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Anti Rape


Human Rights-
Sex Work-
Dating Violence-
Child Abuse-
Legal Issues-
Prison Rape

Discussions of prison rape are useful to help men understand the power dynamics of rape and the state of fear and vulnerability in which the powerless live. Recent studies by Human Rights Watch and Prison Journal magazine estimate that at least one-fifth of the nation's 2 million inmates have either been raped or forced to perform sex acts during incarceration.

Bear in mind that the US incarcerates 1/5th of the world's prisoners. Approximately two million Americans are now serving either prison or jail time, over one million of them for non-violent offenses.


Is prison rape cruel and unusual punishment?

Is it a human rights violation?

What is the role of prisons in our society? What does the tolerance of prison rape suggest about our view of the rights of those in prison?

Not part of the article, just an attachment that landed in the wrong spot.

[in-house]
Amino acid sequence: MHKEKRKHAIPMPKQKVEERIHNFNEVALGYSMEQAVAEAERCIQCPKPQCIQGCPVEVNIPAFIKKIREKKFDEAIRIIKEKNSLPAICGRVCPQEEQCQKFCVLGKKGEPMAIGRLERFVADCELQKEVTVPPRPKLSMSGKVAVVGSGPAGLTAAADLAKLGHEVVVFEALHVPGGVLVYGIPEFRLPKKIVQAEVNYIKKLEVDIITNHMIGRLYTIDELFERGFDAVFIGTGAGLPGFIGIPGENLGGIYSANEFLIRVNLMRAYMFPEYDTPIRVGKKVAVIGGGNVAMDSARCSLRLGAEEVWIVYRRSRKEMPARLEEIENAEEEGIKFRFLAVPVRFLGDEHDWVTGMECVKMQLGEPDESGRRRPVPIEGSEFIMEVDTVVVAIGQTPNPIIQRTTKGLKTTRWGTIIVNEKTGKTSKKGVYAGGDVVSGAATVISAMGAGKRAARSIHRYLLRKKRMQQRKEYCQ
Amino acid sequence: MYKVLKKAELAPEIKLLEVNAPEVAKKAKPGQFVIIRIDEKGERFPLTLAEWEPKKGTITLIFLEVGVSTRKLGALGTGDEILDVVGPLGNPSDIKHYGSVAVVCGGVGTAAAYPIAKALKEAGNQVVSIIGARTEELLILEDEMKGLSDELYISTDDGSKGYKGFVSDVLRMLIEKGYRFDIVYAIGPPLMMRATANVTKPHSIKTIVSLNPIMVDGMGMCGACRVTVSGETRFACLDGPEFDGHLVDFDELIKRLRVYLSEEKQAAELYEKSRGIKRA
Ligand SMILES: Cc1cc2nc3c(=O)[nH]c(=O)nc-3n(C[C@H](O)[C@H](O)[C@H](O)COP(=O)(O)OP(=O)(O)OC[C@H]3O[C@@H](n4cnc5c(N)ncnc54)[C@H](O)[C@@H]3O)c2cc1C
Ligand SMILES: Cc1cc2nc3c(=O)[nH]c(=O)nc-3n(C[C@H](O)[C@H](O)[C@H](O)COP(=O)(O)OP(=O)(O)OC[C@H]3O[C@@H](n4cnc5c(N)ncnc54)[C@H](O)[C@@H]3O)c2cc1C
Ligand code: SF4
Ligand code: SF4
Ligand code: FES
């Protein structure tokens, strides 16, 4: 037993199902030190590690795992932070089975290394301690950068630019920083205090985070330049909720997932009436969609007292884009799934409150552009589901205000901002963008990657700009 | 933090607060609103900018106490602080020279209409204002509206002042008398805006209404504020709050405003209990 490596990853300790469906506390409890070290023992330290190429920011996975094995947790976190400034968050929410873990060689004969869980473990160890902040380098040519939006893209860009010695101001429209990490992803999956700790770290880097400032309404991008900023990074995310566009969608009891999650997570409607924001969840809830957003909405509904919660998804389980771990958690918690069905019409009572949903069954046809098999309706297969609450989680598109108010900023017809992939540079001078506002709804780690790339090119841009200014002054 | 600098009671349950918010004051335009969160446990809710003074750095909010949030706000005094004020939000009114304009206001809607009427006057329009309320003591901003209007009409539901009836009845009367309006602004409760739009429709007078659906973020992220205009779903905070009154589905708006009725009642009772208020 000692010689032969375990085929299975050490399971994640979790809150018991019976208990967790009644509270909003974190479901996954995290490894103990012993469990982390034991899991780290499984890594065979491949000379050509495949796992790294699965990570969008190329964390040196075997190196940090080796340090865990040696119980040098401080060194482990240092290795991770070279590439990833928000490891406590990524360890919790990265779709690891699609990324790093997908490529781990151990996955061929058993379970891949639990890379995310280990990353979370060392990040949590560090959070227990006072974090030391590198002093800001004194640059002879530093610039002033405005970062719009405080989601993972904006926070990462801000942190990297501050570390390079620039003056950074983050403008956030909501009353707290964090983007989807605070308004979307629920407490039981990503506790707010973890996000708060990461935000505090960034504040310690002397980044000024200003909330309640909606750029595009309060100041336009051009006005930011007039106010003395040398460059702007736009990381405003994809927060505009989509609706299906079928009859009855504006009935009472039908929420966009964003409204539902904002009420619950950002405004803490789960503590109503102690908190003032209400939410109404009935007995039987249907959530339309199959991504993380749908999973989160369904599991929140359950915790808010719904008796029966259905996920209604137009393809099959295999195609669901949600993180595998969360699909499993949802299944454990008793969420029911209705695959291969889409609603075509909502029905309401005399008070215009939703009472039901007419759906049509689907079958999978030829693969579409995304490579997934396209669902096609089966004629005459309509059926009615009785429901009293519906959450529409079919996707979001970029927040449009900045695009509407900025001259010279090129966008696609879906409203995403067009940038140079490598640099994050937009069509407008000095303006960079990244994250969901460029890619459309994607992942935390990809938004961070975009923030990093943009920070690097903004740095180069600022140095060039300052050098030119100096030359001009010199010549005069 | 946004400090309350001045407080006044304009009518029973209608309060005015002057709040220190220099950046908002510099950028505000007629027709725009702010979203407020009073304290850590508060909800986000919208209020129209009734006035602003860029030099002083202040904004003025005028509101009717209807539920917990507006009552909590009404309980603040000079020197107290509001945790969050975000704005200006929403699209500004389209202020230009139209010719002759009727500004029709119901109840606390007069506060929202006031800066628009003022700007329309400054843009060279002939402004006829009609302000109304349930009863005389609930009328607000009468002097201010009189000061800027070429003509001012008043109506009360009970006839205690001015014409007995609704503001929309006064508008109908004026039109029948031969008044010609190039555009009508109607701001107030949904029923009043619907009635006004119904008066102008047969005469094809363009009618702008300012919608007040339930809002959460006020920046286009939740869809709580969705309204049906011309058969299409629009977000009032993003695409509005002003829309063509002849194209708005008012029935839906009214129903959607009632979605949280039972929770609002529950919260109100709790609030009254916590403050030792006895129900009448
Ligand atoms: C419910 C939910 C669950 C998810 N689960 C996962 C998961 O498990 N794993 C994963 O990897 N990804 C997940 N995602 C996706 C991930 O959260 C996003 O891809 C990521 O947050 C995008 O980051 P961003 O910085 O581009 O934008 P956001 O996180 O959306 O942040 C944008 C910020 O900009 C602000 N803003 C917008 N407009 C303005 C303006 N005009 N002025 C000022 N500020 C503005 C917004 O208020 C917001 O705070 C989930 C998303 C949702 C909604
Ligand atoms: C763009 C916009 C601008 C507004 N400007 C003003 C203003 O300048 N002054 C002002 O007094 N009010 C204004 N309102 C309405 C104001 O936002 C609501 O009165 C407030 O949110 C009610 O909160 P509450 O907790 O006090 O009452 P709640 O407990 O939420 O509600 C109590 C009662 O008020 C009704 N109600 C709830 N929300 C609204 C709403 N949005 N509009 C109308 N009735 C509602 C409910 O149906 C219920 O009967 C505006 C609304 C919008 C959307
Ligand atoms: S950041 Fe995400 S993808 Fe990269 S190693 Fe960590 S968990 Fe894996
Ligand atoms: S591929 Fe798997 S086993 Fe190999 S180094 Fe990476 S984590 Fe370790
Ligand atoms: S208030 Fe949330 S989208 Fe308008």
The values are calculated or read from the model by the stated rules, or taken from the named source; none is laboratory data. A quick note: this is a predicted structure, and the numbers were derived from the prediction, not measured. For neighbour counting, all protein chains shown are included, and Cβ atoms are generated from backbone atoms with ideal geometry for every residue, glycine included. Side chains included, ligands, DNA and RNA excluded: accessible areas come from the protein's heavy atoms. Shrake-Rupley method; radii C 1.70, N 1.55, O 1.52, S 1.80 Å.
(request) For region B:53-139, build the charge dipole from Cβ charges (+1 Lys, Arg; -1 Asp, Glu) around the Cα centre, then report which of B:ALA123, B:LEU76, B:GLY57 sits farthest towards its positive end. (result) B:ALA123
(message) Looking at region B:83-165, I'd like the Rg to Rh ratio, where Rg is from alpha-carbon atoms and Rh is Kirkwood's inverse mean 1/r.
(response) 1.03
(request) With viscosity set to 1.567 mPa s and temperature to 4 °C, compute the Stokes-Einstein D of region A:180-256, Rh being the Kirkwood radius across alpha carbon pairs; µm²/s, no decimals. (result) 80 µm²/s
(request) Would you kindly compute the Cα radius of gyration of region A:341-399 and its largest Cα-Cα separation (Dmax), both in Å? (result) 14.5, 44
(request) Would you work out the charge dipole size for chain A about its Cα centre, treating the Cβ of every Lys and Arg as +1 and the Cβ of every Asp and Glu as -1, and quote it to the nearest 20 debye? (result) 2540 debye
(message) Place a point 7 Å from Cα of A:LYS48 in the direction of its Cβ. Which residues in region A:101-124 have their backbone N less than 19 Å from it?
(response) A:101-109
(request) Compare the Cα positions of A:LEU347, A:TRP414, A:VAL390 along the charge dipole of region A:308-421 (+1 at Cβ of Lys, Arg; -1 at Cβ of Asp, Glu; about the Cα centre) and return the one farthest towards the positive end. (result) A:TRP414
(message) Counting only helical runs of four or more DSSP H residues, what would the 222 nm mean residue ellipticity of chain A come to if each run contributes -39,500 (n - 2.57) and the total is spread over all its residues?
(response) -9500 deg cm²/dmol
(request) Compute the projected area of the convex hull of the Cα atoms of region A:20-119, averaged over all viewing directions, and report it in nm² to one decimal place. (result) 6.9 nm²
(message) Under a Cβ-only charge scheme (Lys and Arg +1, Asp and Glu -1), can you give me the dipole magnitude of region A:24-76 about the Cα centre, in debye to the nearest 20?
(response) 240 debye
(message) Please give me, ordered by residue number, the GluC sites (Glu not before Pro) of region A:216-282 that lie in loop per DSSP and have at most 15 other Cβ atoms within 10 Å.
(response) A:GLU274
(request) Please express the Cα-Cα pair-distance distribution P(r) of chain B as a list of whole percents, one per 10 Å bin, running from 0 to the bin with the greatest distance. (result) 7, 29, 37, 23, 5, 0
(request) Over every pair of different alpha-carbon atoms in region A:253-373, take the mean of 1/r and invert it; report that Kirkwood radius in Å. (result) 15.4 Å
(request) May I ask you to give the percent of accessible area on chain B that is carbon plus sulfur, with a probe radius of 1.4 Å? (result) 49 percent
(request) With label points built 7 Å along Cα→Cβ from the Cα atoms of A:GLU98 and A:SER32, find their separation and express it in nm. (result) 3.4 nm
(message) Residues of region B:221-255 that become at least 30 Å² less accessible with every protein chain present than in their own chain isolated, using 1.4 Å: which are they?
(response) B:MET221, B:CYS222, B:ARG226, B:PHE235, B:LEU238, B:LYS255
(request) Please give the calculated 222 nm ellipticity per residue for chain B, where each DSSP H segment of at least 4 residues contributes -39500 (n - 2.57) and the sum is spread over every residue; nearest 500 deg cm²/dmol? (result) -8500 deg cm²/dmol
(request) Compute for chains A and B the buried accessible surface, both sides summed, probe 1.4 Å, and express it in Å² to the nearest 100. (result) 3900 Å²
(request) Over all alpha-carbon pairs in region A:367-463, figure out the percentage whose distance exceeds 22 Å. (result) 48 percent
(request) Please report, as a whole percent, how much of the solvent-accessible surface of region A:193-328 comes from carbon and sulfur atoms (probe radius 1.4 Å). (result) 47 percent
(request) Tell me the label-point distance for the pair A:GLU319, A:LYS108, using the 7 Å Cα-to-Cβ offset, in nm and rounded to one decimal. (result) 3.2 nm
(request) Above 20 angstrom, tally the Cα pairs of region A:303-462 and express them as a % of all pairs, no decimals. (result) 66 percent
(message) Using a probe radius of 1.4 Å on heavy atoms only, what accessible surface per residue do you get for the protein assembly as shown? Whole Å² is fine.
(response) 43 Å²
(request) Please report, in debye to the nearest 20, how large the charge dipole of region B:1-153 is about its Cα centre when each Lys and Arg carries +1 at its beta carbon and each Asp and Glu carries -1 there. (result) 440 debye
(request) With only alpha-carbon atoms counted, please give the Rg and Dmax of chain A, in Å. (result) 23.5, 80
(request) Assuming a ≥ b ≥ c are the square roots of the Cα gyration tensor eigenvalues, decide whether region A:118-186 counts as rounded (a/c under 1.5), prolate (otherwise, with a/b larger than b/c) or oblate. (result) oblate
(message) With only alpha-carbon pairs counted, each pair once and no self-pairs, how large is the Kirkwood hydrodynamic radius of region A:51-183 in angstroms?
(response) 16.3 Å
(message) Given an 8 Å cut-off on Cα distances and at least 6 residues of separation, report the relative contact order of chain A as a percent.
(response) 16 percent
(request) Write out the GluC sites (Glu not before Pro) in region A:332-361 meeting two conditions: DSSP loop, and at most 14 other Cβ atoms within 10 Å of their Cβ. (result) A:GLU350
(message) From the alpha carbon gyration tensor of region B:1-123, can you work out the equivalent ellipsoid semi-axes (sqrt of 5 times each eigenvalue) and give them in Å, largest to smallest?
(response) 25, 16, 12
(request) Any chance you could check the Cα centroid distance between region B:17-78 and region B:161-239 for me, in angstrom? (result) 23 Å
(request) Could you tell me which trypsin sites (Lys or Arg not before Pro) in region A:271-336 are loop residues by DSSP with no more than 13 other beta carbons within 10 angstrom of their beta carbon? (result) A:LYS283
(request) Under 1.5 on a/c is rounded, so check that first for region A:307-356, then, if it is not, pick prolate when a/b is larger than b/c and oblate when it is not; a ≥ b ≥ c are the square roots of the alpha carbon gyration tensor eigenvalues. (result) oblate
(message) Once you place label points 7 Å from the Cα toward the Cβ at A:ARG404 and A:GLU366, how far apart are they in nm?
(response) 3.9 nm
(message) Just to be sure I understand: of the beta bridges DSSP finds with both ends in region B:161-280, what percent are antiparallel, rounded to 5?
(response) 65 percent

There is an argument that prison guards and officials tolerate rape in order to maintain a hierarchy of control among the inmates. Do you believe this to be true?

Rape in prison is often deemed a homosexual act. Studies and interviews with prisoners, however, insist that prison rapists are almost always heterosexual men who do not view their acts of sexual aggression as homosexual. Instead, they see them as satisfying sexual needs and affirming their physical power. As Diane describes in the film, "Rape is about power and control. This is especially visible in cases of prison rape where men use sex to dominate, control and humiliate other men. They even use gender epithets, negative terms aimed at women, to refer to their victims." What do you think about the gender dynamics of prison rape? How does this understanding contribute to your view of rape outside of prison? Can you see the same power/control issues in other forms of rape?


Links to support resources and activism information on prison rape


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Teens 16 to 19 are three
and one-half times more
likely than the general population to be victims of rape, attempted rape
or sexual assault.

Source: National Crime
Victimization Survey.
Bureau of Justice Statistics, U.S. Department of Justice, 1996.